He ended by asking, "How much.
good is a lawyer going to be if he
has to ;work in fear of being held
in contempt?"
Interview.. .
Harold Christoffel was "well-
framed," 0. John Rogge declared
in an interview yesterday.
Rogge defended the Milwaukee
labor leaderfagainst charges that
he lied under oath in telling a
Congressional committee on Edu-
cation and Labor that he had
never been a Communist. The trial
ended Thursday with Christoffel's
conviction.
ROGGE accused management
of wanting to get rid of Christoffel,
who, as president of Local 248
UAW-CIO at the Milwaukee plant
of Allis Chalmers, had built ur
his union to 8,000 members on a

Kauff man ..
The true liberal is neither of the
extreme right nor of the extreme
left, the Rev. Albert Kauffman of
Bancroft, Mich., told the Demo-
cracy in Education Conference
yesterday.
"The greatest tyrants of demo-
cracy are the creeds and '-isms',"
Mr. Kauffman warned. They con-
fine thinking to certain patterns
that are "final" and do not per-
mit change, he said.
* * *
IT IS liberal thinking that pro-
duces democracy, Mr. Kauffman
emphasized. He defined democra-
cy as "that system in which the
individual can gain the maximum
self-respect and esteem."
SA liberal is never a fatalist,
he declared. "le believes in the
integrity of the human mind,
in honest, clear, careful, patient,
scholarly thinking."
Another essential requisite for a
liberal is self-respect, he contifi-
ued.
* *
KAUFFMAN deplored the lead-
er-follower concept in this coun-
try, which he said the public school
system fostered.
This concept conditions peo-
ple to forget to be critical .of
their leaders, he declared. As a
consequence they do not vote
and become the "non-partici-
pators" in our democratic socie-
ty.
These people who fail to be-
come. leaders become instead the
rebels, those who are waiting for
the "Man on the White Horse,"
someone to tell them how wonder-
ful they are, Kauffman explained.
It is up toeducation to evolve
a system of group leadership so
that everyone will have a chance
to lead in some particular way,
he asserted.
See PANELS, Page 6

(Special to The Daily)
MINNEAPOLIS-Vic Heyliger's
hockey crew busted Minnesota
wide open here last night, 6-2, to
take a clean two-game series from
the Gophers.
Previously, the Wolverines
drubbed Minnesota, 7-3, Friday
night. In polishing off the Go-
phers for the fourth time this year,
the Wolverines claimed their 18th
win of the season as against 3
losses.
BOB HEATHCOTT paced the
Wolverine attack as he picked up
his first hat-trick of the campaign
by slamming 3 goals through the
Maroon and Gold crease.
In a listless first period, the
Maize and Blue earned only one
goal. Unassisted, H e a thc ot t
pounded a seven-foot rebound
shot past Bob Moran at 6:50.
Minnesota tied up the game at
14:44 when John Amatuzio as-
sisted by Bob Nyhus faked out
Jack MacInnes with a short
poke.
Haethcott personally put th
game on ice for the Wolverines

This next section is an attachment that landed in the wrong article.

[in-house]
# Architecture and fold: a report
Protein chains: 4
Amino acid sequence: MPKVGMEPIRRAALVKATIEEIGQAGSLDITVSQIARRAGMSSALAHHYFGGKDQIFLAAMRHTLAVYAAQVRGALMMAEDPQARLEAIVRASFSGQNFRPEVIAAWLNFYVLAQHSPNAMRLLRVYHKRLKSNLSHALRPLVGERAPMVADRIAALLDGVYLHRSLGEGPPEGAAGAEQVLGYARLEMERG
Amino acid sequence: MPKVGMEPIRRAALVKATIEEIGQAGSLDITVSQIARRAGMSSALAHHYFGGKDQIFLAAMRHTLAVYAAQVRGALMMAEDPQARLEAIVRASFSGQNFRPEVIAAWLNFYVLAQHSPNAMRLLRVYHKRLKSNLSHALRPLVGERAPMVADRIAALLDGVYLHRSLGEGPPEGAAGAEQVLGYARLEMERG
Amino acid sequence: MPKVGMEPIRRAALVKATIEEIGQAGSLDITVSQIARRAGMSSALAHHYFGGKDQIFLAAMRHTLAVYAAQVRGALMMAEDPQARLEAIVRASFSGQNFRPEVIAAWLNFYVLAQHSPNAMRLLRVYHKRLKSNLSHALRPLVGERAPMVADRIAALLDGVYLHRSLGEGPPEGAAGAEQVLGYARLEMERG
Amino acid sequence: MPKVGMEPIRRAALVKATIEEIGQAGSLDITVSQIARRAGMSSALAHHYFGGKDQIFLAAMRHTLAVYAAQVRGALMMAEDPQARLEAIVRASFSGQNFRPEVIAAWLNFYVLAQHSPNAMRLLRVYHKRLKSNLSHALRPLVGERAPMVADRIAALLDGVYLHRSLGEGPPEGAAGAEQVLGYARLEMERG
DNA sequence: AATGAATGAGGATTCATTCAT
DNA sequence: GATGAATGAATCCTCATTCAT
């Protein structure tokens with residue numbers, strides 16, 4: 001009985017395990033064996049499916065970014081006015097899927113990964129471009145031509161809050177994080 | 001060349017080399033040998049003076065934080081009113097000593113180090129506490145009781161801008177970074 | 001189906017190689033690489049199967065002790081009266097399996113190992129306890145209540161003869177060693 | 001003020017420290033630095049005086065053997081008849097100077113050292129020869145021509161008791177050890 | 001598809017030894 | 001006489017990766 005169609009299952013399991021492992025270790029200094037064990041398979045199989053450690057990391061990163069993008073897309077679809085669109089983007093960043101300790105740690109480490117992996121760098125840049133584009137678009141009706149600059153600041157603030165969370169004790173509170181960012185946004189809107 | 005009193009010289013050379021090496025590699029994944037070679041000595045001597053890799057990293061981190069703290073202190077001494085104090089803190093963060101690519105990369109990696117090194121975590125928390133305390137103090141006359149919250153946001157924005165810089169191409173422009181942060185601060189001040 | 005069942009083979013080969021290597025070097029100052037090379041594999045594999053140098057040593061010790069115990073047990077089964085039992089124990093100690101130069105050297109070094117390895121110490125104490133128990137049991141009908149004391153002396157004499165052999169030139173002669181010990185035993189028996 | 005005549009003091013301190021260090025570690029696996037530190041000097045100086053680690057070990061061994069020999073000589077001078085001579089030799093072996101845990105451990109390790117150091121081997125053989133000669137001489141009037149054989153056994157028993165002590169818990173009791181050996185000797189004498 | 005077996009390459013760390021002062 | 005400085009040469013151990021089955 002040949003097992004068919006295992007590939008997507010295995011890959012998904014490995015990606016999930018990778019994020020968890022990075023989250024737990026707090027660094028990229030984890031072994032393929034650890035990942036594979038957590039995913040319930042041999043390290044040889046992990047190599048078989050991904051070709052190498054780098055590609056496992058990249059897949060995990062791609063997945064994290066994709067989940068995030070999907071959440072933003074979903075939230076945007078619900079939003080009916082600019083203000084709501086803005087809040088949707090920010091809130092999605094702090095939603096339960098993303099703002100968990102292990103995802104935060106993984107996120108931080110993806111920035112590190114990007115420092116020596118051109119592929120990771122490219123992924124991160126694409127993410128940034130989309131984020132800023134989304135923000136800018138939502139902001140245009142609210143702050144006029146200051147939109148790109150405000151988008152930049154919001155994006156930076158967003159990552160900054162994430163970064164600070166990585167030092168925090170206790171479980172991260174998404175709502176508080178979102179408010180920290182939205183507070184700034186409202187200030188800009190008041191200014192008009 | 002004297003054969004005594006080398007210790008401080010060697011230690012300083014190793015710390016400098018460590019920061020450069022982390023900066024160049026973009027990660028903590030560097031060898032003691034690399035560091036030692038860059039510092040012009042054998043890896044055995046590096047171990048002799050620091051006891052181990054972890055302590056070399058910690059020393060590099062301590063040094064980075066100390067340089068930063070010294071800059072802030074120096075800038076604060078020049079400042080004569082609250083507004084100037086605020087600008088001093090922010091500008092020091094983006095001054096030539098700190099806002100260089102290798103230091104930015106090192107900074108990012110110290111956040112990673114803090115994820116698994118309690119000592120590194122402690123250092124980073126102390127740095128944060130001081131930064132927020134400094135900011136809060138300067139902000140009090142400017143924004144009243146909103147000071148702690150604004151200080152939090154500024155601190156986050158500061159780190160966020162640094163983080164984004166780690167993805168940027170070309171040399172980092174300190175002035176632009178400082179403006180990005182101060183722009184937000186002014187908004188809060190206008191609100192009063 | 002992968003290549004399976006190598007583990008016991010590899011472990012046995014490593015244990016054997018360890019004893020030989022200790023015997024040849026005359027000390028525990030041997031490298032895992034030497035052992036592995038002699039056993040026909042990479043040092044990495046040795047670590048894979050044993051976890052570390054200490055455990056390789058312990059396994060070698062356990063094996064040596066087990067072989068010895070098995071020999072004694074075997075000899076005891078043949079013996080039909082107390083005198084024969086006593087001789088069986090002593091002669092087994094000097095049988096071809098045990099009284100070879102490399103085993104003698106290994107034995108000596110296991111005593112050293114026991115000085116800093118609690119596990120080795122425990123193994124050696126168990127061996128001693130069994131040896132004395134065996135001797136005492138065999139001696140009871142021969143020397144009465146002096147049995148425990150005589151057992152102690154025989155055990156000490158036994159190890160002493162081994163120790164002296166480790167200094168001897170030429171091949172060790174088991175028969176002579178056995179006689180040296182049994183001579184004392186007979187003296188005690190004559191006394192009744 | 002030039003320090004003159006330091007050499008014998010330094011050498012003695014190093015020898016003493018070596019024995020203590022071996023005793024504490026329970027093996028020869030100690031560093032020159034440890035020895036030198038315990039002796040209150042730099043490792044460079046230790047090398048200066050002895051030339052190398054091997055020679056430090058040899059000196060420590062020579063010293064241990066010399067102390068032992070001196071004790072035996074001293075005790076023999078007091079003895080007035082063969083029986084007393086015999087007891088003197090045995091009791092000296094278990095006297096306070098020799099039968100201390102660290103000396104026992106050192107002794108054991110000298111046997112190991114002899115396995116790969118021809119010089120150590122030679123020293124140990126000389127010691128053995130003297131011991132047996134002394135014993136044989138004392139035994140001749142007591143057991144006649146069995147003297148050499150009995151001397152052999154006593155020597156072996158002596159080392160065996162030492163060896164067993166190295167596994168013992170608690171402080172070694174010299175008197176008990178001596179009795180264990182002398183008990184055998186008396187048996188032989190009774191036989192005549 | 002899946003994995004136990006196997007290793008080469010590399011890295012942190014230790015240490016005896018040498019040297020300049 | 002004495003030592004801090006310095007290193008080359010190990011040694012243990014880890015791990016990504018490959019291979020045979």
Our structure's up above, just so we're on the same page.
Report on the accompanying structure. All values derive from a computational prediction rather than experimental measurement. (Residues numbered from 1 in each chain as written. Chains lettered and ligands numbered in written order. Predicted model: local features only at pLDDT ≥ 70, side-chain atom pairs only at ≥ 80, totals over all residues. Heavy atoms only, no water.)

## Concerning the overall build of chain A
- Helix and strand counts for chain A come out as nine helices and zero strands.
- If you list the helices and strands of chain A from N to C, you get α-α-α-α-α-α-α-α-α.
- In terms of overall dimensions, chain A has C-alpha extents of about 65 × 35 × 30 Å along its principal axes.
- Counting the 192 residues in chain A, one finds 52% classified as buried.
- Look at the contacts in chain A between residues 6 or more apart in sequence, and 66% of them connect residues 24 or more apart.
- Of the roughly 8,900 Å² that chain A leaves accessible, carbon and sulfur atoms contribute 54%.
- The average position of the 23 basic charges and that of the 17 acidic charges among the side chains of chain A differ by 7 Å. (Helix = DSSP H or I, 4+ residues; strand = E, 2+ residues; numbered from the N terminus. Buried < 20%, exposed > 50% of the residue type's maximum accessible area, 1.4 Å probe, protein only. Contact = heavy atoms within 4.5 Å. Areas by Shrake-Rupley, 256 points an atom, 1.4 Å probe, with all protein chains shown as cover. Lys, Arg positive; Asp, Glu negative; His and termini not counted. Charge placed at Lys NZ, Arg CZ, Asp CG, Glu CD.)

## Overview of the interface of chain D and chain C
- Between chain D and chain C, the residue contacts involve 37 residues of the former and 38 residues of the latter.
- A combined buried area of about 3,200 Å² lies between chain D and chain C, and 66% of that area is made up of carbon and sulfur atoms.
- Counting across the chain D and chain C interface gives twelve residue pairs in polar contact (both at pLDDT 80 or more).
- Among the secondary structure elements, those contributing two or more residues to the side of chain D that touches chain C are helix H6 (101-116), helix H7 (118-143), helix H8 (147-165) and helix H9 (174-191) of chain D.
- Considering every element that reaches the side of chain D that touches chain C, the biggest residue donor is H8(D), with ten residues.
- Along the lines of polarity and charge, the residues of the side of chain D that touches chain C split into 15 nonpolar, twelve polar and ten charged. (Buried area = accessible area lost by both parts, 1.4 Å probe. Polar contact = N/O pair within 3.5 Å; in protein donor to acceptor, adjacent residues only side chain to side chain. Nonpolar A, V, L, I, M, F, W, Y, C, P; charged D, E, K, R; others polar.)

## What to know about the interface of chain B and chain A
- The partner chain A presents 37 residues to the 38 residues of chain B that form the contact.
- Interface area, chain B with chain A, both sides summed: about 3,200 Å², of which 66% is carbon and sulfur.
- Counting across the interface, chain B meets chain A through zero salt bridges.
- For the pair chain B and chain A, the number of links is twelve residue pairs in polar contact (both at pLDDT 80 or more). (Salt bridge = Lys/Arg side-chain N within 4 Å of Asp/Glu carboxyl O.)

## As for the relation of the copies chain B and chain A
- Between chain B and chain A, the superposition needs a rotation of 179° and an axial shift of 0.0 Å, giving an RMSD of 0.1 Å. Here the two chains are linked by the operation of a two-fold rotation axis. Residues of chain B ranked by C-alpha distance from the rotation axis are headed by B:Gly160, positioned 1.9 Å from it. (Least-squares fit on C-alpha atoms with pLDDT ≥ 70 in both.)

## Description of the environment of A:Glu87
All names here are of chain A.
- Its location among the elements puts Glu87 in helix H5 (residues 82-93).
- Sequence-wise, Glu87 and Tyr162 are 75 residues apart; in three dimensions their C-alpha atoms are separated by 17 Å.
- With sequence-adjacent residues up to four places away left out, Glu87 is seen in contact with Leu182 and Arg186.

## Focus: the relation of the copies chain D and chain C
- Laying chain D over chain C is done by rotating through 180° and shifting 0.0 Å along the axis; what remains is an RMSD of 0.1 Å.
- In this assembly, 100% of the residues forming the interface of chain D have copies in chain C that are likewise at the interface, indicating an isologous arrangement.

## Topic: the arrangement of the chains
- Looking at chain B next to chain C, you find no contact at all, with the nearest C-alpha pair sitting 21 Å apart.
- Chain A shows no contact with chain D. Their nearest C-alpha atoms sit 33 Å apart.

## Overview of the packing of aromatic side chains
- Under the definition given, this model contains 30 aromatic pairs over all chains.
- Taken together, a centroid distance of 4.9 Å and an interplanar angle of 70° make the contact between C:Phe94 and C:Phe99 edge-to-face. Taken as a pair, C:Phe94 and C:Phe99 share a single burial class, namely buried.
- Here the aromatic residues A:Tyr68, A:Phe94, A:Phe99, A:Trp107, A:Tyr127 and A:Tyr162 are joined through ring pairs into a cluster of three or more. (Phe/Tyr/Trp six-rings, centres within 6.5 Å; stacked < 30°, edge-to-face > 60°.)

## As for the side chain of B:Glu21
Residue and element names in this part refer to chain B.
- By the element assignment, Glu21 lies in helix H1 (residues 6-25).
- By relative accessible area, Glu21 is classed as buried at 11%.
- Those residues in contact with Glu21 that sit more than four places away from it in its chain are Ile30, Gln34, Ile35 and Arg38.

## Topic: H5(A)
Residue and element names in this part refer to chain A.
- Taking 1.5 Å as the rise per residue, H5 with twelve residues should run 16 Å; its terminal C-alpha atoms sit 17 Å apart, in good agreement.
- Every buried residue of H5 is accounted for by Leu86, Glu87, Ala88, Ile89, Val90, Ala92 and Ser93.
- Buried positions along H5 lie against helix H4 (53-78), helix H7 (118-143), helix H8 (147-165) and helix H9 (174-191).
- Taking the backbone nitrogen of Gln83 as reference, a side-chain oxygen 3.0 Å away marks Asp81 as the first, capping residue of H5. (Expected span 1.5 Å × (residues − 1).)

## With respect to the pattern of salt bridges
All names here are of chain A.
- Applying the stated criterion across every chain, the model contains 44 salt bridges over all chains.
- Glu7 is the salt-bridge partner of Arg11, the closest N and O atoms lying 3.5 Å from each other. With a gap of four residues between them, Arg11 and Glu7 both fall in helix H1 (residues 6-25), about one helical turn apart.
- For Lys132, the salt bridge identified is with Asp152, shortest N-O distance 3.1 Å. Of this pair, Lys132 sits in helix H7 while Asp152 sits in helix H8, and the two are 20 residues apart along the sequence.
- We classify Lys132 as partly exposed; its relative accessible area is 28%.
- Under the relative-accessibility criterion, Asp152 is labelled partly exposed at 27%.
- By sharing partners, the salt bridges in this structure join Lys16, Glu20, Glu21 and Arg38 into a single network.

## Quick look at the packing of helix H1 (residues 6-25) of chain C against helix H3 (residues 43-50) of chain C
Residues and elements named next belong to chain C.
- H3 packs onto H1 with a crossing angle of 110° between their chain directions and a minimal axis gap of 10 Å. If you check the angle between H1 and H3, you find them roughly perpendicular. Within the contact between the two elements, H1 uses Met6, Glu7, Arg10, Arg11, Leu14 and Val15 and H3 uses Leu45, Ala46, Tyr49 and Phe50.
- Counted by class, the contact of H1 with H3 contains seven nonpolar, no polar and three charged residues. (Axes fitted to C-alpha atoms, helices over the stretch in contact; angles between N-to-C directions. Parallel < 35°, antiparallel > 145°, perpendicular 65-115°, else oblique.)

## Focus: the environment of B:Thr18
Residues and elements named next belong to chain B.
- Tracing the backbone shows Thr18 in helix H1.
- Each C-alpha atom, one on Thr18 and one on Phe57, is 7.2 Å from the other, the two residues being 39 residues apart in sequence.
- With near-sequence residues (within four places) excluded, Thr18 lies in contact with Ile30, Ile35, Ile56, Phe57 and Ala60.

during the second period when he
pushed home two more goals. With
Mel Peterson of the Gophers in
the penalty box, Heathcott agtn
unassisted beat Moran at 5:57.
Roaring back at 7:19, Heathcott
assisted by Paul Pelow took a re-
bound shot and cleared Moran who
was flat on his back at the time.
* *
WITH THREE TO ONE, Neil
Celey whipped a pass to Gil Bur-
ford at 14:32 who rammed the
puck through the rigging.
Burford stole the puck at 6:56
and shot a pass to Celley whofired
a sucessful marker from 15 feet
in front of the Gopher nets. Joe
Marmo landed the final score of
the tilt when he hammered a shot
from the blue line to single-hand-
edly rack up the tally at 7:51.
Claim Sanders
"Asked to Kill"
MANCHESTER --- (P) - The
prosecution in the mercy-murder
trial of Dr. Herman N. Sander
says the physician acted more to
spare the anguish of a dying
woman's husband than to end her
pain.
i Mrs. Abbie Borroto, 59, who, it
is charged, died of air injected
into her veins by Dr. Sander, was
for several days so near death
from cancer that she suffered
little, the state says.
This testimony apparently will
be accepted by the defense and
supplemented with the evidence of
another doctor that Mrs. Borroto
was medically dead before the
air injections.

-Daily-Carlyle Marshall
STUDENT RIGHTS FORUM-Student Legislator Tom Walsh, 51L, leads off the panel talks at
yesterday's SL-sponsored Bill of Rights Forum at Lane Hall. Featured speakers were (left to right)
Rev. Fr. Frank McPhillips of' St. Mary's Chapel; Walsh; SL president Quent Nesbitt, '50 B'Ad;
Associate Dean of Student Walter B. Rea and Prof. Frank Huntley, of the English Department.,
F mi i

Labor Holds
Slight Two
Vote Edge
May Halt Further
Nationalization
LONDON - (P) - Prime Min=
ster Attlee decided yesterday t
try governing Britain on his La.
bor Party's razor-thin majority.
After an emergency Cabine
meeting of an hour and a quarter
he announced "We are carryini
on" and sent word of his decision
to King George VI.
* * *
THE SHY, unassuming Labo:
Party leader wil be attempting t
run a nation of some 50,000,001
with what may be the smalles
government majority in the Hous
of Commons for a century.
Excluding the non-partisan
speaker of the House and four
results to be reported later, La-
bor holds 315 seats in the 625-
seat Commons, the Consgrp-
tives 294, the Liberals 8, Inde-
pendeits one and Irish Nation-
alists 2.
This gave Attlee just two vote
over a bare majority of 313 an
a margin of only 21 over his mos
dangerous opposition, Winto
Churchill's Conservatives.
* * *
THE FOUR DISTRICTS stil
out were three in Scotland whic:
are not scheduled to report unt:
tomorrow and a Manchester dis
trict which holds a delayed ele
tion March 9 because of the deat]
of a candidate.
Three of these districts wen
Conservative in 1945 and one won
Labor.
The effect of the slender Pat-
liamentary edge will almost cer-
tainly forcePrime Minister Att-
lee and Foreign Minister Bevin
to move exteremly cautiously in
foreign as well as domestic mat-
ters.
MEANWHILE an early meetin
between Secretary of State Ache
son and British Foreign Minist,
Bevin may be called to revie-
British - American relations, ac
cording to well-informed diploma
tic circles.
Although preliminary steps